Jack Poole, activist in Brighton University Stop the Cuts, called for students to unite with University workers to fight cuts to higher education, and to help build confidence in University workers to take strike action on 30 November. He also explained how young students, workers and unemployed have been recreating the ‘Jarrow Crusade’ against unemployment, 75 years since the original march, by marching from Jarrow in the North East to London, culminating in a rally in London on 5 November. He also explained that the 'work longer' element of the pensions attacks had a direct and urgent impact on young people as it means higher youth unemployment (currently 1 in 5 18-24 year olds is unemployed) as workers are forced to work well in to old age before being allowed to draw their pension.

Speakers such as Carole, and Phil Clarke (NUT branch secretary), Dave Hill (TUSC and UCU) also highlighted that the 30 November one day public sector strike was a beginning, not the end, of what will likely be a long campaign. In the words of some speakers, not just to protest at the pension changes/theft, not just to oppose the attacks proposed by all three main parties (Tories, LibDems and Labour) on the Welfare State and Public Sector, but also to replace the three of them, to forge ahead with a socialist alternative to neoliberalism and to Capitalism.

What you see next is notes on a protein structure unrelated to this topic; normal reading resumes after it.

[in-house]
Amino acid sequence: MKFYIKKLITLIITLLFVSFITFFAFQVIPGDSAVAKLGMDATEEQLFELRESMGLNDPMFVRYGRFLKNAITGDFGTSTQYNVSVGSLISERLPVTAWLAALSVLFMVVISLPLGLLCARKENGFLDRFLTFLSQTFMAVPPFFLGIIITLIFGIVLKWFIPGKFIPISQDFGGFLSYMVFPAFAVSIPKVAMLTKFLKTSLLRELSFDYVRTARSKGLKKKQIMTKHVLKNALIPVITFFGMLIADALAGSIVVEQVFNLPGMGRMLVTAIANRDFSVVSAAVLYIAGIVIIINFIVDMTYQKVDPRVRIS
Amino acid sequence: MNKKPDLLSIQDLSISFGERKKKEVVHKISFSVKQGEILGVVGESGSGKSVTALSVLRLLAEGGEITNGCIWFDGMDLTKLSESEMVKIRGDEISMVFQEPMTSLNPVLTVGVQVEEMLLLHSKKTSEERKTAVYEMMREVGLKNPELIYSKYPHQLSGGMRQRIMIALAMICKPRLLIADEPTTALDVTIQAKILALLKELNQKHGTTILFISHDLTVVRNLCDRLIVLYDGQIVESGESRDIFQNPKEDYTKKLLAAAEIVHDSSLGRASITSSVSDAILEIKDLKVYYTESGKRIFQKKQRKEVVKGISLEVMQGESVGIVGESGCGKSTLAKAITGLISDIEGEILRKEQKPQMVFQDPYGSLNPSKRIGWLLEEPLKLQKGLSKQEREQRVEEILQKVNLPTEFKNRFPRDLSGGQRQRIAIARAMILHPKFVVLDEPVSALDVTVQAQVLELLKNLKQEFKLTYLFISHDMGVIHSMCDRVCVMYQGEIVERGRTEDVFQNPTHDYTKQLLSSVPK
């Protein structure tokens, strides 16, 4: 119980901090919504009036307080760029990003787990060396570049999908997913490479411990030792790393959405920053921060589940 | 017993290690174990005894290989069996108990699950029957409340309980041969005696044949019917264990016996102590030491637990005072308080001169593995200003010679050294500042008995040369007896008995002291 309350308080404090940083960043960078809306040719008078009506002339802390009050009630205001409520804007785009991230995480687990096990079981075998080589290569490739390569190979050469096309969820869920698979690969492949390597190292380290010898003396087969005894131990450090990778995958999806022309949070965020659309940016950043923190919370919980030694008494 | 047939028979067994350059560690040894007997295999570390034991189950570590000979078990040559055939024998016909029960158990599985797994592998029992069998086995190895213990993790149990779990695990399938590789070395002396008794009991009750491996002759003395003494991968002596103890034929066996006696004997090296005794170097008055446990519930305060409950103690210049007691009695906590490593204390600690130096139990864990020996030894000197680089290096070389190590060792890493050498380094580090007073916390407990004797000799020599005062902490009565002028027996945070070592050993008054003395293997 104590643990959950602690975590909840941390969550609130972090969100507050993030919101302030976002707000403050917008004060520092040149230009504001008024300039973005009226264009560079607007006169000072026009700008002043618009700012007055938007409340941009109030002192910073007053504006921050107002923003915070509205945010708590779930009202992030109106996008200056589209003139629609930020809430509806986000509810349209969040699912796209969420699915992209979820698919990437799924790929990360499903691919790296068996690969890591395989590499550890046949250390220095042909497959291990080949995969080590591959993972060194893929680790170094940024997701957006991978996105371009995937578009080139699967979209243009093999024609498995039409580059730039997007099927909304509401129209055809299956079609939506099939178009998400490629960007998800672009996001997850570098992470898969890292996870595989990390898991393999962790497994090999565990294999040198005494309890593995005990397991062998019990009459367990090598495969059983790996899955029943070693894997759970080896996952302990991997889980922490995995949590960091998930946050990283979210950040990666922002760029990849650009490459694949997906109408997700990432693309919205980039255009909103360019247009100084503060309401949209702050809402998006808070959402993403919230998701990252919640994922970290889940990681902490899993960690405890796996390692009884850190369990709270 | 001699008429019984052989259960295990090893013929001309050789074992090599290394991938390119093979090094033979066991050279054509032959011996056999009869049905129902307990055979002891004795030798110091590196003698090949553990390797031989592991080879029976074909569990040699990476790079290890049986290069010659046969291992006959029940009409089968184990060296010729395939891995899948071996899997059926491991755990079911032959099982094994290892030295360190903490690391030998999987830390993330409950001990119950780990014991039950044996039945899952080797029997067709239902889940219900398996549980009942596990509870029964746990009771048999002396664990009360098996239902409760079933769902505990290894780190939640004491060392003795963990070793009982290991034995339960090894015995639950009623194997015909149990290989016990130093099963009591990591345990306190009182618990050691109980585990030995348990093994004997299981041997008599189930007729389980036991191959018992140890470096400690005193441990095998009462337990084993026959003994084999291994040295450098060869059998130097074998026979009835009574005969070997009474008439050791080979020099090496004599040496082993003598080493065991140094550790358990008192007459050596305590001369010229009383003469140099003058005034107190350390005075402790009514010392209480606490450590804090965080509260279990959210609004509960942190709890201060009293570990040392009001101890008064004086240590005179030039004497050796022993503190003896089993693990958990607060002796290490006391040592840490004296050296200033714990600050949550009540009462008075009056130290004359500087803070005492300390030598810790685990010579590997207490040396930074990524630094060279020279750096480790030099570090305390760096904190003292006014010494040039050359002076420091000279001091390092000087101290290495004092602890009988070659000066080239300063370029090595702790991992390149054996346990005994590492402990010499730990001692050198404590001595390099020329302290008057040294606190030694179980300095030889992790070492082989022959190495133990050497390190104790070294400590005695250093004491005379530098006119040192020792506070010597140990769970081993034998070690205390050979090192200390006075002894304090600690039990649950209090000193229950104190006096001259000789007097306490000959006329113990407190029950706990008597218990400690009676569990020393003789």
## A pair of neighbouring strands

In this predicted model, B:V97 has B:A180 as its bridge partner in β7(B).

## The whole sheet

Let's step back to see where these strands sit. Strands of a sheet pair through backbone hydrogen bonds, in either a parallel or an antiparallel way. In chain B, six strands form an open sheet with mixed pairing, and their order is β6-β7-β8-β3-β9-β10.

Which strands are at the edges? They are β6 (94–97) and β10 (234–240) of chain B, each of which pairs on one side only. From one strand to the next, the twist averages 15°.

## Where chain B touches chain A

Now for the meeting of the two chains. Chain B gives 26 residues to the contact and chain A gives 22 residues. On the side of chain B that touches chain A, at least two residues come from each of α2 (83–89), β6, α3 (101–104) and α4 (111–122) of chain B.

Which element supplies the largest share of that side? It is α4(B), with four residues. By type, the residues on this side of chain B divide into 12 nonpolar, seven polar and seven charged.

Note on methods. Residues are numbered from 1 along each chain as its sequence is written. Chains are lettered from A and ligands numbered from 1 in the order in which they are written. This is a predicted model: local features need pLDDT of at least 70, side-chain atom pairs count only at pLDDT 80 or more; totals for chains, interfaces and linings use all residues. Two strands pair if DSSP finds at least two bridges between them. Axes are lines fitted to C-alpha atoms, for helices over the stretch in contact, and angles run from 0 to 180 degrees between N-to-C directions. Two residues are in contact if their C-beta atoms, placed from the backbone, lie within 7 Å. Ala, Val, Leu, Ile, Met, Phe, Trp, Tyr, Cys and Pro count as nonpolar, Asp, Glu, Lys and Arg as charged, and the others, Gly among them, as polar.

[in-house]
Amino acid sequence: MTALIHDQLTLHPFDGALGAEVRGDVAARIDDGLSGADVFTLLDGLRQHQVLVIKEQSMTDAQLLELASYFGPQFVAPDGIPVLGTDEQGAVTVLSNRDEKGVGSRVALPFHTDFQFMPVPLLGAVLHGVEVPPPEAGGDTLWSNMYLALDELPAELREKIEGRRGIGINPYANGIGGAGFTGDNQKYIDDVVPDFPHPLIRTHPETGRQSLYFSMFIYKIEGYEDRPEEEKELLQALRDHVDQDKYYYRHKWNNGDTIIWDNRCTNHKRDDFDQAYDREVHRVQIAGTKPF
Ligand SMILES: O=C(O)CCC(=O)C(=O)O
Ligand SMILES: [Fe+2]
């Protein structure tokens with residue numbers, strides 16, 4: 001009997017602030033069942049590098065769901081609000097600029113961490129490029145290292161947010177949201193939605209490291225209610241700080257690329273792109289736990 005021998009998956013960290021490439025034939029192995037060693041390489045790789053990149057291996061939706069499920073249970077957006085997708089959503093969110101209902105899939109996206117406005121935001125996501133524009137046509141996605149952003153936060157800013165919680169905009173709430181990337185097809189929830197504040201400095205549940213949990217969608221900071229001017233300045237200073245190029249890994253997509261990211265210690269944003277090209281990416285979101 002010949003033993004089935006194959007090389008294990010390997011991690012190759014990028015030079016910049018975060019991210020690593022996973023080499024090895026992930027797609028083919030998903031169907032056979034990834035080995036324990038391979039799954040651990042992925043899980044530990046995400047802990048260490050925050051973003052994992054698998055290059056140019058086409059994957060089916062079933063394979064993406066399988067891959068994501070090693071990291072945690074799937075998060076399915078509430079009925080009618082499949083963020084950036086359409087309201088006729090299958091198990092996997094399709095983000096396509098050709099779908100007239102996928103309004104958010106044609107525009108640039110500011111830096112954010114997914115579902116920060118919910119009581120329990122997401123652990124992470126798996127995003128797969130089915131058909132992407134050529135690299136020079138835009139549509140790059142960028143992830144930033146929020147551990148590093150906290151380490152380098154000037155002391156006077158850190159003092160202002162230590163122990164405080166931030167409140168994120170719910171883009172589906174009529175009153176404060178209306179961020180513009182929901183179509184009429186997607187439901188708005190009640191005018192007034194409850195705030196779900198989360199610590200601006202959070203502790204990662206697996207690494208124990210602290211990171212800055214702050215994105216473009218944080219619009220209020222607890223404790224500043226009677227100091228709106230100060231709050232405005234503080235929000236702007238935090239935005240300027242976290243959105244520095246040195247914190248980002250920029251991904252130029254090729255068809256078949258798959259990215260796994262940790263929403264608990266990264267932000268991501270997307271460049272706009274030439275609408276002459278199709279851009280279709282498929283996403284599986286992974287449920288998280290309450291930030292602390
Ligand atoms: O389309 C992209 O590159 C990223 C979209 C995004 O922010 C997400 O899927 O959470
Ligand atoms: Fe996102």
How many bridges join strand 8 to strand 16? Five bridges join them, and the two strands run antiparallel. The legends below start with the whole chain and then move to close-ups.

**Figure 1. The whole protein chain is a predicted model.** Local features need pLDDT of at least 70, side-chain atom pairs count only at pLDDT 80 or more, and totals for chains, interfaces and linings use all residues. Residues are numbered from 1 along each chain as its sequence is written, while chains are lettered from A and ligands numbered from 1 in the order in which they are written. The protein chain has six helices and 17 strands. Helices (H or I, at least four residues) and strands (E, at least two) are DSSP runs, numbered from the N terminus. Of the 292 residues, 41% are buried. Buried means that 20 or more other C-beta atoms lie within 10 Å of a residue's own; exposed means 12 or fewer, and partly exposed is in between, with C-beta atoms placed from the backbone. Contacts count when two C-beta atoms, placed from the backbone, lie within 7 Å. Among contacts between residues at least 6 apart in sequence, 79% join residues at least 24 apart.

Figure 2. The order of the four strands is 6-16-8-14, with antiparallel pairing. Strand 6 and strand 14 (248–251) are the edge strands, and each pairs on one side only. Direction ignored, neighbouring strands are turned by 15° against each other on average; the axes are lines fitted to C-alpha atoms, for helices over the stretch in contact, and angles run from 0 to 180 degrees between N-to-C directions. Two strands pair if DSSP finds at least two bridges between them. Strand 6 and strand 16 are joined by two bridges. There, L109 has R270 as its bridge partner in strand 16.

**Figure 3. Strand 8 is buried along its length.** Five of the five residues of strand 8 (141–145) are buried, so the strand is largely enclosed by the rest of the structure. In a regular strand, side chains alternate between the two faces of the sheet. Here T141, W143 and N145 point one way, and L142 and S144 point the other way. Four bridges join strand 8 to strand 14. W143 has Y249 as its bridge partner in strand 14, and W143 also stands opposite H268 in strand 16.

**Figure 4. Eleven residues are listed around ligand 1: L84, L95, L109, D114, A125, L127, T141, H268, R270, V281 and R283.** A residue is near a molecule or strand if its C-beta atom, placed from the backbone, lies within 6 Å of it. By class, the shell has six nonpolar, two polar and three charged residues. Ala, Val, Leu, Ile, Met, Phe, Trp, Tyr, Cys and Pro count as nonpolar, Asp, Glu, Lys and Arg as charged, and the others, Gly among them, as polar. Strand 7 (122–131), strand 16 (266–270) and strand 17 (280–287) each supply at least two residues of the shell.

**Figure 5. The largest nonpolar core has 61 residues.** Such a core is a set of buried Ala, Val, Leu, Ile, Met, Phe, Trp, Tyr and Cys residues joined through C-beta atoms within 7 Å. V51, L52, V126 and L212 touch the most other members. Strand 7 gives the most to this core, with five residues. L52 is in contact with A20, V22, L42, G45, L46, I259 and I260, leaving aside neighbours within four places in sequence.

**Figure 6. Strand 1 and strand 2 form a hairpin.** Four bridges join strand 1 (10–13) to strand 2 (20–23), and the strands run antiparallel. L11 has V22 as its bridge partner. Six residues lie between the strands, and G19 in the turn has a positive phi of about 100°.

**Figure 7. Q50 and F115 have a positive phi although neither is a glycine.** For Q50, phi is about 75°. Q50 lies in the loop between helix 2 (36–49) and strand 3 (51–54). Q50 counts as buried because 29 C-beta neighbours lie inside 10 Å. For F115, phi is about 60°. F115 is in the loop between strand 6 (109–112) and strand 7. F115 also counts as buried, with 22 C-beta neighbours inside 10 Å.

Last term I was teaching at two different universities – Middlesex University in London, and the University of Athens in Greece. This term, I am teaching at neither. But for very different reasons. At Middlesex University most of my hours have been cut as part of 300 full-time equivalent redundancies across the university workforce. A result of government cuts and policy on higher education.

At Athens University I am not teaching for a very different reason. Universities in Greece are closed for a very different reason! They are occupied by staff and students against the cuts and changes in higher education! That’s what we should do here occupy all universities and colleges, and, like in Greece, recognise that a one day public sector general strike is not enough ­– it’s necessary to have a united, cumulative and lengthy campaign uniting workers, students, campaigning groups, direct action groups and socialist/Marxist groups, with the strength of the organised working class and its trade unions.